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A.C. Milan

Associazione Calcio Milan (commonly referred to as A.C. Milan or simply Milan, is a professional Italian football club based in Milan, Lombardy, that plays in Serie A. Milan was founded in 1899 by English lace-maker Herbert Kilpin and businessman Alfred Edwards among others.The club has spent its entire history, with the exception of the 1980–81 and 1982–83 seasons, in the top flight of Italian football, known as Serie A since 1929–30.

With 18 officially recognised UEFA and FIFA titles, they are the second most successful club in the world in terms of number of international titles, together with Boca Juniors and Real Madrid, and behind Al Ahly with twenty titles. Milan has won a joint record of three Intercontinental Cups and one of its successor, the FIFA Club World Cup. Milan have also won the European Cup/Champions League on seven occasions,second only to Real Madrid. They have also won the UEFA Super Cup a joint record five times and the Cup Winners’ Cup twice.Milan has won every major competition in which it has competed, with the exception of the Europa League (in this competition they have lost two semi-finals in 1972 and in 2002). Domestically, with 18 league titles Milan is the joint-second most successful club in Serie A behind Juventus (31 titles), along with local rivals Inter. They have also won the Coppa Italia five times, as well as six Supercoppa Italiana triumphs.

Milan’s home games are played at San Siro, also known as the Stadio Giuseppe Meazza. The stadium, which is shared with long-lasting city rivals Internazionale, is the largest in Italian football, with a total capacity of 80,018. Inter are considered their biggest rivals, and matches between the two teams are called Derby della Madonnina, which is one of the most followed derbies in football.[11] As of 2010, Milan is the third most supported team in Italy, and the seventh most supported team in Europe, ahead of any other Italian team.

The owner of the club is former Italian Prime Minister and controlling shareholder of Mediaset Silvio Berlusconi. The vice-president is Adriano Galliani. The club is one of the wealthiest and most valuable in Italian and world football.It was a founding member of the now-defunct G-14 group of Europe’s leading football clubs as well as its replacement, the European Club Association.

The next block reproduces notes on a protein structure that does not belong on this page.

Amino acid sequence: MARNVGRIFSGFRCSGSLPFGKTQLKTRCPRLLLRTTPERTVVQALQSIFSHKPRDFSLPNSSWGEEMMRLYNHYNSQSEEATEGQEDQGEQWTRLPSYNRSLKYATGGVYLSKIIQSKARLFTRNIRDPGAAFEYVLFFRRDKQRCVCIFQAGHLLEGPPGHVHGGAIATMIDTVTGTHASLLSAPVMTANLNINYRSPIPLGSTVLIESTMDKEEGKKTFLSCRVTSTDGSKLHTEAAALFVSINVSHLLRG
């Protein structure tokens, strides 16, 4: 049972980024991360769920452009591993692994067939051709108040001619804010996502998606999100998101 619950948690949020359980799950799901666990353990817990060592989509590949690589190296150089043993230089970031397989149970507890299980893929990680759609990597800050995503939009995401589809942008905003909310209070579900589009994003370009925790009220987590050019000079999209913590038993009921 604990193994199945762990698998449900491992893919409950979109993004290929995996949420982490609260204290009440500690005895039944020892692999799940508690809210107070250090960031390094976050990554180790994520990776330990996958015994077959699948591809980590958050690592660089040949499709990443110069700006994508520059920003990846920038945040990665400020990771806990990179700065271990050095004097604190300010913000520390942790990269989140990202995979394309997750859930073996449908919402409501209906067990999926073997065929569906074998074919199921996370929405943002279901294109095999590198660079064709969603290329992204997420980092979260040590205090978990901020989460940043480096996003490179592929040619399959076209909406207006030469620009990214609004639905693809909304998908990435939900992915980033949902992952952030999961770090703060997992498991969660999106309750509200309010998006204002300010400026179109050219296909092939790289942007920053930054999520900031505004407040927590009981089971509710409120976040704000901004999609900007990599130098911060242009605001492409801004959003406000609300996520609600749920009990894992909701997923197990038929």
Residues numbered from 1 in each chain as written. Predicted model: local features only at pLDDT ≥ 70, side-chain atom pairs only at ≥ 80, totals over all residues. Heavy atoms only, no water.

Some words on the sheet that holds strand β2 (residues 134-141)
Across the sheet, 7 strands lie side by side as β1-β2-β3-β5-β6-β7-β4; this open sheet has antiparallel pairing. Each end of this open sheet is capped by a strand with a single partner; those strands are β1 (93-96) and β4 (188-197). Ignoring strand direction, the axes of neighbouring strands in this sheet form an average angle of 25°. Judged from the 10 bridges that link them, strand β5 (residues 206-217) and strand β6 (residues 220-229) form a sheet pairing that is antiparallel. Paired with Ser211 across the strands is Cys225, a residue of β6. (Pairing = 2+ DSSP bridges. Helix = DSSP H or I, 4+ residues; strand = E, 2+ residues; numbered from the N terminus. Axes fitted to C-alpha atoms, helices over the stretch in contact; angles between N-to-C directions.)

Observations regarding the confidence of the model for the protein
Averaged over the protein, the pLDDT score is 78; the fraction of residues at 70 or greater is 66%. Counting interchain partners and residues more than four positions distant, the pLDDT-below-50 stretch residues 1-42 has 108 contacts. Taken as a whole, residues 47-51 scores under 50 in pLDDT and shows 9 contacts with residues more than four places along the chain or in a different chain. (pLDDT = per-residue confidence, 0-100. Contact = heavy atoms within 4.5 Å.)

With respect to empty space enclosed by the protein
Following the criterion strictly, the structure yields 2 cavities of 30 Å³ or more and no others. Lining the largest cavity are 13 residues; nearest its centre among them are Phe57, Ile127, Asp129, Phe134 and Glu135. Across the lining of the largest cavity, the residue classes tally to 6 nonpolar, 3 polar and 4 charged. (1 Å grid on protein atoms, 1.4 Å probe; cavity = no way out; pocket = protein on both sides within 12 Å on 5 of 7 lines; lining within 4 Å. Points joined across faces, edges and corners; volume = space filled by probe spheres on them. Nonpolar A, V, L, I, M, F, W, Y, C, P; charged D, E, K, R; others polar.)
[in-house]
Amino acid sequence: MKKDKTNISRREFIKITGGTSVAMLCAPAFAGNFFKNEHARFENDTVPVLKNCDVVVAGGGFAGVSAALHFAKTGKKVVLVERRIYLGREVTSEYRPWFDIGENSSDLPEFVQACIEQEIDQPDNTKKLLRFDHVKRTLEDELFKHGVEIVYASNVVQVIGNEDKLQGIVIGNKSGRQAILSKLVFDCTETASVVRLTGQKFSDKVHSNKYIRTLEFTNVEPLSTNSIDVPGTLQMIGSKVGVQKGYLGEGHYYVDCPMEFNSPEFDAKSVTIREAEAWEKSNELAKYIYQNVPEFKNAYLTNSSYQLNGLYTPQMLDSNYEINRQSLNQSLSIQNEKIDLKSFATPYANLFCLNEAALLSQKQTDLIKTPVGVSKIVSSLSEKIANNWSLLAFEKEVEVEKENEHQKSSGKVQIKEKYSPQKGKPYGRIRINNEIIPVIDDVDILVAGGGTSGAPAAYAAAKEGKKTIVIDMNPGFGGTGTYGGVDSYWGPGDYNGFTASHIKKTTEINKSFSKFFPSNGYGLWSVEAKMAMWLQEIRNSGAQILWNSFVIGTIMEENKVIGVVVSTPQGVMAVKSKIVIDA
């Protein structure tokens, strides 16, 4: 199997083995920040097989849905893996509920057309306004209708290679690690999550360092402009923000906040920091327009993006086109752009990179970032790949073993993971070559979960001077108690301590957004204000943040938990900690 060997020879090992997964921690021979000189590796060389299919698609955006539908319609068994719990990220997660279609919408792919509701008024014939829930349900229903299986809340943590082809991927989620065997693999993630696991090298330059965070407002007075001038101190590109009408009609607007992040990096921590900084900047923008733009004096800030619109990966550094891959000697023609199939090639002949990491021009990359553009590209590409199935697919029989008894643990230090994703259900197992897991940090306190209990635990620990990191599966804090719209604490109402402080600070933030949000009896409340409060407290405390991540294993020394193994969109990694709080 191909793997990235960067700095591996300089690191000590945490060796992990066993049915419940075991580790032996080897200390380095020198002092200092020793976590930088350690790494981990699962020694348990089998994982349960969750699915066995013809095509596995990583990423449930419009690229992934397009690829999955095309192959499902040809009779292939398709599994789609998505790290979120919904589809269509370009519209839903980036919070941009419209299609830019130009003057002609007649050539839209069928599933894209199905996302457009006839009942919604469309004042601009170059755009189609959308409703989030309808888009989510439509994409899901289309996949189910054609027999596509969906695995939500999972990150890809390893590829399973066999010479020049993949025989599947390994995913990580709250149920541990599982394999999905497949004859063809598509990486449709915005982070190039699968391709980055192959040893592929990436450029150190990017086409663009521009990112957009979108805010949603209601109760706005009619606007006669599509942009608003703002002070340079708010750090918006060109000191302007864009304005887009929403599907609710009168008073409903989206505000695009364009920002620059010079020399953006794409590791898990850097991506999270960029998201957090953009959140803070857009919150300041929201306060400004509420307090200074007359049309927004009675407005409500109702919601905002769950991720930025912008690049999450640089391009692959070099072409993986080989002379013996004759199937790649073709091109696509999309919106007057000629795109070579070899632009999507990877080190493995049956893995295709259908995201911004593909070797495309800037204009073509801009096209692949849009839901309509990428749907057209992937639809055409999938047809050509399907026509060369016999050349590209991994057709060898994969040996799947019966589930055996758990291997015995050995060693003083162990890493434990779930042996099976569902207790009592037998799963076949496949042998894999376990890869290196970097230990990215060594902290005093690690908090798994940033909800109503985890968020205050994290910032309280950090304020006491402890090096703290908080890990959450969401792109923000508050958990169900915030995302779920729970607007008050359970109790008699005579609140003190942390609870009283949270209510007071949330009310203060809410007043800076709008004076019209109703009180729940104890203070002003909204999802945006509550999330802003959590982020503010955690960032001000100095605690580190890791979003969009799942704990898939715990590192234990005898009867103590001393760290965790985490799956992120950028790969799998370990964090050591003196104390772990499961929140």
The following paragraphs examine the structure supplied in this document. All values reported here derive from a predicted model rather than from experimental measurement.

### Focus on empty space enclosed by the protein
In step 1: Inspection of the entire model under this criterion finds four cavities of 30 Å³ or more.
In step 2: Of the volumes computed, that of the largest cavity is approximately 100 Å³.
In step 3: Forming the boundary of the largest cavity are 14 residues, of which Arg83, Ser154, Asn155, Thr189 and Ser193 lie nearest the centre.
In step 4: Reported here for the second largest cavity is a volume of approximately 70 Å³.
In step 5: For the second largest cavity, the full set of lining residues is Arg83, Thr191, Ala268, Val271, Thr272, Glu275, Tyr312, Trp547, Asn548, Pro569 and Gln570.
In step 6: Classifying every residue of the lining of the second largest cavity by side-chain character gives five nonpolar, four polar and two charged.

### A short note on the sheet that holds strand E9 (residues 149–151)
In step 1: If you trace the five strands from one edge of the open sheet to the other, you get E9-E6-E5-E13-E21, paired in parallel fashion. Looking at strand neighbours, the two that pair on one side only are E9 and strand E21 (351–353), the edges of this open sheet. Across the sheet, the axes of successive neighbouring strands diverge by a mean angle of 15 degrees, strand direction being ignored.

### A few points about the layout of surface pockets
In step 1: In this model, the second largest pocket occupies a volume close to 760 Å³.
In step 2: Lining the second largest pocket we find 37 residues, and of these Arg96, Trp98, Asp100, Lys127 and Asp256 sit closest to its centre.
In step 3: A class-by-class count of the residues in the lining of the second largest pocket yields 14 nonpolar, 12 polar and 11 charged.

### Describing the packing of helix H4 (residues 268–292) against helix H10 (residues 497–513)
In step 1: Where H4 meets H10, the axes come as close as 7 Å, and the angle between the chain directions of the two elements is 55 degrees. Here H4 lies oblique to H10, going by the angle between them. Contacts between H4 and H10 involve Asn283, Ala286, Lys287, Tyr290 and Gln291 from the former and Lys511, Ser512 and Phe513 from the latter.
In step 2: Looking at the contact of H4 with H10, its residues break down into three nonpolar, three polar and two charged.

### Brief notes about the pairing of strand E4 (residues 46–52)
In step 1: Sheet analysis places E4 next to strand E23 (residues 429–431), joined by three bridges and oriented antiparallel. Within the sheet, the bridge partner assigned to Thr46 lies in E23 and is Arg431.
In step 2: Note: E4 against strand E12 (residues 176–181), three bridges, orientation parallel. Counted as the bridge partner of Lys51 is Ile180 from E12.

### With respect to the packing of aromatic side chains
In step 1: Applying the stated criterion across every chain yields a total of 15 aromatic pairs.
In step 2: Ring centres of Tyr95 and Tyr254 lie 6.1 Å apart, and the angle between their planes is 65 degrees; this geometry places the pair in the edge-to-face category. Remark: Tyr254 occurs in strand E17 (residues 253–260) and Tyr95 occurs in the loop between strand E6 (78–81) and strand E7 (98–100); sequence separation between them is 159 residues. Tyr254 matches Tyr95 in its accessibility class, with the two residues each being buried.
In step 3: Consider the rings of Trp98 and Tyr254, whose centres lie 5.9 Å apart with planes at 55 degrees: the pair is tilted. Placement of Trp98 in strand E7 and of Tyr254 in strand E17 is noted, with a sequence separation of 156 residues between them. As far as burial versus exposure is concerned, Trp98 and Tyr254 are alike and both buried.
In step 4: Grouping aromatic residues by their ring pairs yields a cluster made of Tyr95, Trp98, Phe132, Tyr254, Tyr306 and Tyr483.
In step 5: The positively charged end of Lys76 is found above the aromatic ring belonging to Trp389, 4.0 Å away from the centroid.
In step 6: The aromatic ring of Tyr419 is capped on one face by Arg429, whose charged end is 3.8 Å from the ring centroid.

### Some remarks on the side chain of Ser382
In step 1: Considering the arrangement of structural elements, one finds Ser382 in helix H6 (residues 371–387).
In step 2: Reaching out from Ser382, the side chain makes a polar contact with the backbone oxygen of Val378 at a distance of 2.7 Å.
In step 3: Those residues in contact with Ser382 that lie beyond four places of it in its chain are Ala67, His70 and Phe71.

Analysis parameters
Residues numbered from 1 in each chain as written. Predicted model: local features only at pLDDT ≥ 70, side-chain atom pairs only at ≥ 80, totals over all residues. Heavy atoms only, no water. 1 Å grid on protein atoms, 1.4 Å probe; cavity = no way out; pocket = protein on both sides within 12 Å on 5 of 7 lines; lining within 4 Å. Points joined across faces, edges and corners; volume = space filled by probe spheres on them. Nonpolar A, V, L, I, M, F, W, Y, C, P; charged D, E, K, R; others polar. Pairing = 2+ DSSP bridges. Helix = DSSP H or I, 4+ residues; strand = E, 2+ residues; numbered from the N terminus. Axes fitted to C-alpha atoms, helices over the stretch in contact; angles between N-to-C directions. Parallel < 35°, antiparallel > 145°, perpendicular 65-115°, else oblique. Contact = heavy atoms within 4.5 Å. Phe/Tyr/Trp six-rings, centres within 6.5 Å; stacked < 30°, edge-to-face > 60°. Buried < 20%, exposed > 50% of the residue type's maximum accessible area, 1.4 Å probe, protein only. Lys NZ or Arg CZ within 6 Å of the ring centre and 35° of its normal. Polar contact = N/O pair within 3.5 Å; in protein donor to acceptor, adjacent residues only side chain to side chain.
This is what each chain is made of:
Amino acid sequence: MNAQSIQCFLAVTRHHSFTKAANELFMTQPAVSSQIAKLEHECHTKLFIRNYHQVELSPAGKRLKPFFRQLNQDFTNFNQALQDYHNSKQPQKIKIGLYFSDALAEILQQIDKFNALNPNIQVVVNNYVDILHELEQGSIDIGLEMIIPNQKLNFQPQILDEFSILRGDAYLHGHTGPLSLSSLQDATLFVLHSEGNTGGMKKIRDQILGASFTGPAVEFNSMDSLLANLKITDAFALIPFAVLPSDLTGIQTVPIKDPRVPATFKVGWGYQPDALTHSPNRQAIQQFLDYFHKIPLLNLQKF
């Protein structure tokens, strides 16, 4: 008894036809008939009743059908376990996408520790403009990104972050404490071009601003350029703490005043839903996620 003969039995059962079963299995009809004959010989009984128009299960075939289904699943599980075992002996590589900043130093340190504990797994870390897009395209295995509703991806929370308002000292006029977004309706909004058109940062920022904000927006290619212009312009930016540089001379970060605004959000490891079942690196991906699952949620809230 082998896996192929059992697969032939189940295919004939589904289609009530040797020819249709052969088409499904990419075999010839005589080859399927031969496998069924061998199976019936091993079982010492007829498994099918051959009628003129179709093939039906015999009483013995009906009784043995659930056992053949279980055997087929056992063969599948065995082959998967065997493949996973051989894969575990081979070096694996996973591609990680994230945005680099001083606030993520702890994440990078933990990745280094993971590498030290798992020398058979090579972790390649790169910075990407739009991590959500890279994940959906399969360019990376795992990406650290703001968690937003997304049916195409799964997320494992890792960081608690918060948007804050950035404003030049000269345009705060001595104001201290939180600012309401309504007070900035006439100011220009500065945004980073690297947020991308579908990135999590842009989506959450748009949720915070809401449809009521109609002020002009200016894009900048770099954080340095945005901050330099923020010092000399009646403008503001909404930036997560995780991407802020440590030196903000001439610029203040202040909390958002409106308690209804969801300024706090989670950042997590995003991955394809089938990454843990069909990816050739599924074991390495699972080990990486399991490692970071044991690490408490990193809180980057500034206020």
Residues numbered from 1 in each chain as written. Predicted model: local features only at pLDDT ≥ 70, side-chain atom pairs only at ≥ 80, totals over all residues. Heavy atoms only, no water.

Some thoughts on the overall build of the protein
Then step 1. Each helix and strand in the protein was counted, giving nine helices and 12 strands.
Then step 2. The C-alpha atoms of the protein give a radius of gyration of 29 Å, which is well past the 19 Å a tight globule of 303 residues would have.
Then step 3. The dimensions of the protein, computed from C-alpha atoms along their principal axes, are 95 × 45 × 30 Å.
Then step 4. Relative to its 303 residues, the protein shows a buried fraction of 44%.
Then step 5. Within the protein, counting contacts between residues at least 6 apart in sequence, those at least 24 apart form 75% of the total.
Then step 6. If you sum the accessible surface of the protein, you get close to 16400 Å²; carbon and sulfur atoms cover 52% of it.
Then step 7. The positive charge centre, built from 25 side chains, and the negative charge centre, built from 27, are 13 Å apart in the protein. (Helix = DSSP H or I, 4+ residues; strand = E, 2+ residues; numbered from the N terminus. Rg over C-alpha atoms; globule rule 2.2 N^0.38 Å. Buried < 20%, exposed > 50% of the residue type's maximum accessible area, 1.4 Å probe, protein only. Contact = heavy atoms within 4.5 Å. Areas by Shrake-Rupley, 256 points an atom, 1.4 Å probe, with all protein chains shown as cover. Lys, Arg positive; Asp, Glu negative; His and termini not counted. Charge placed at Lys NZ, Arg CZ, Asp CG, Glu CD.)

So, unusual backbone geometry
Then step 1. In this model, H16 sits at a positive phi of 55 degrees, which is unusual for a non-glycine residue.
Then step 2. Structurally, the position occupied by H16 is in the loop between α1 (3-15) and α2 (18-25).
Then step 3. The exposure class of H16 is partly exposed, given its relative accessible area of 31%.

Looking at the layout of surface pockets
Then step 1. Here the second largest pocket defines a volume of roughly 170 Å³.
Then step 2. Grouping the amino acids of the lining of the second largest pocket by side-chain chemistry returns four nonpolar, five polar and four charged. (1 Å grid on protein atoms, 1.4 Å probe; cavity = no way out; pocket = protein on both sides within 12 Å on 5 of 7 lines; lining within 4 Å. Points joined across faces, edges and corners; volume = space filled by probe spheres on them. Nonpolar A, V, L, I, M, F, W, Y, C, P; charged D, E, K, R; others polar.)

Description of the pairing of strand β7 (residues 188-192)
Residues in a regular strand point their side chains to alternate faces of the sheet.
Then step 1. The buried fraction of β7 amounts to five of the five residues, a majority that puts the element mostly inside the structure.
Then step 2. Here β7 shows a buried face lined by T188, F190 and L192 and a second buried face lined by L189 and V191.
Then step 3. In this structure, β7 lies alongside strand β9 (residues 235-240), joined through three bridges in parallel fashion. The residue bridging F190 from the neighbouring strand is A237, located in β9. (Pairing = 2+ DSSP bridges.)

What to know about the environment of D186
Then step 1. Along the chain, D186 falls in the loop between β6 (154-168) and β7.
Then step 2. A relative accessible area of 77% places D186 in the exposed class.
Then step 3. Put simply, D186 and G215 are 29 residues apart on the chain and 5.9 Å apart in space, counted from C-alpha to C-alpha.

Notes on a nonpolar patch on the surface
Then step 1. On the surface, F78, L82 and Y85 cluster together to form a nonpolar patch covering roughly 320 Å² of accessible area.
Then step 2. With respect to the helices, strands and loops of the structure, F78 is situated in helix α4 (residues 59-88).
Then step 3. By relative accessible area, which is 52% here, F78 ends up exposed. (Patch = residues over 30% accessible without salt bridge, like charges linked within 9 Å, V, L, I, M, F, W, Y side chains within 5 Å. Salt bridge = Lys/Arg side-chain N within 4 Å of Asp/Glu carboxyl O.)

Supporters and rivalries

Milan is one of the best supported football clubs in Italy, according to research conducted by Italian newspaper La Repubblica. Historically, Milan was supported by the city’s working-class and trade unionists.On the other hand, crosstown rivals Internazionale were mainly supported by the more prosperous and typically Milanese middle-class.[36] One of the oldest ultras groups in all of Italian football, Fossa dei Leoni, originated in Milan.Currently, the main ultras group within the support base is Brigate Rossonere. Politically, Milan ultras have never had any particular preference,but the media traditionally associated them with the left-wing, until recently, when Berlusconi’s presidency somewhat altered that view.

According to a study from 2010, Milan is the most supported Italian team in Europe and seventh overall, with over 18.4 million fans. AC Milan had the ninth highest average attendance of European football clubs during the 2010–11 season, behind Borussia Dortmund, FC Barcelona, Manchester United, Real Madrid, Bayern Munich, Schalke, Arsenal, and Hamburg.

Genoa fans consider Milan a hated rival after Genoa fan, Vincenzo Spagnolo was stabbed to death by a Milan supporter in January 1995. However, Milan’s main rivalry is with neighbour club, Internazionale; both clubs meet in the widely anticipated Derby della Madonnina twice every Serie A season. The name of the derby refers to the Blessed Virgin Mary, whose statue atop the Milan Cathedral is one of the city’s main attractions. The match usually creates a lively atmosphere, with numerous (often humorous or offensive) banners unfolded before the start of the game. Flares are commonly present and contribute to the spectacle but they have occasionally led to problems, including the abandonment of the second leg of the 2004–05 Champions League quarterfinal match between Milan and Inter on 12 April 2005, after a flare thrown from the crowd by an Inter supporter struck Milan keeper Dida on the shoulder.

January Transfer Window

For a team that has no European obligations, AC Milan have a massive squad. There are 28 players listed on the first team on the team’s official website.

That’s an incredible number—and an unmanageable one. With only one game a week to work with—plus whatever the Coppa Italia might bring—it’s impossible to give all those players time on the field. Having to chase the European-qualification positions only makes things worse. The best players need to be on the field as much as possible in order for Milan to move up the table.

That makes things hard on manager Sinisa Mihajlovic, part of whose job is to keep everyone on the team as sharp as possible. He hasn’t had much of a chance to rotate in some fringe players. When he took last Tuesday’s Coppa match against Serie B side Crotone to do just that, it very nearly came back to bite him—the 18-time Italian champions needed extra time to put away a team that has never seen Serie A.

Mihajlovic needs this squad pared down. He has enough on his plate clawing this team back toward respectability to have to also figure out just how to rotate nearly two-and-a-half-dozen men.

Fortunately, there are quite a few players would can be seen as candidates for a sale or a loan. We’re going to look closer at five of the men the Rossoneri should take the opportunity to take off the books, whether that be temporarily or for good.

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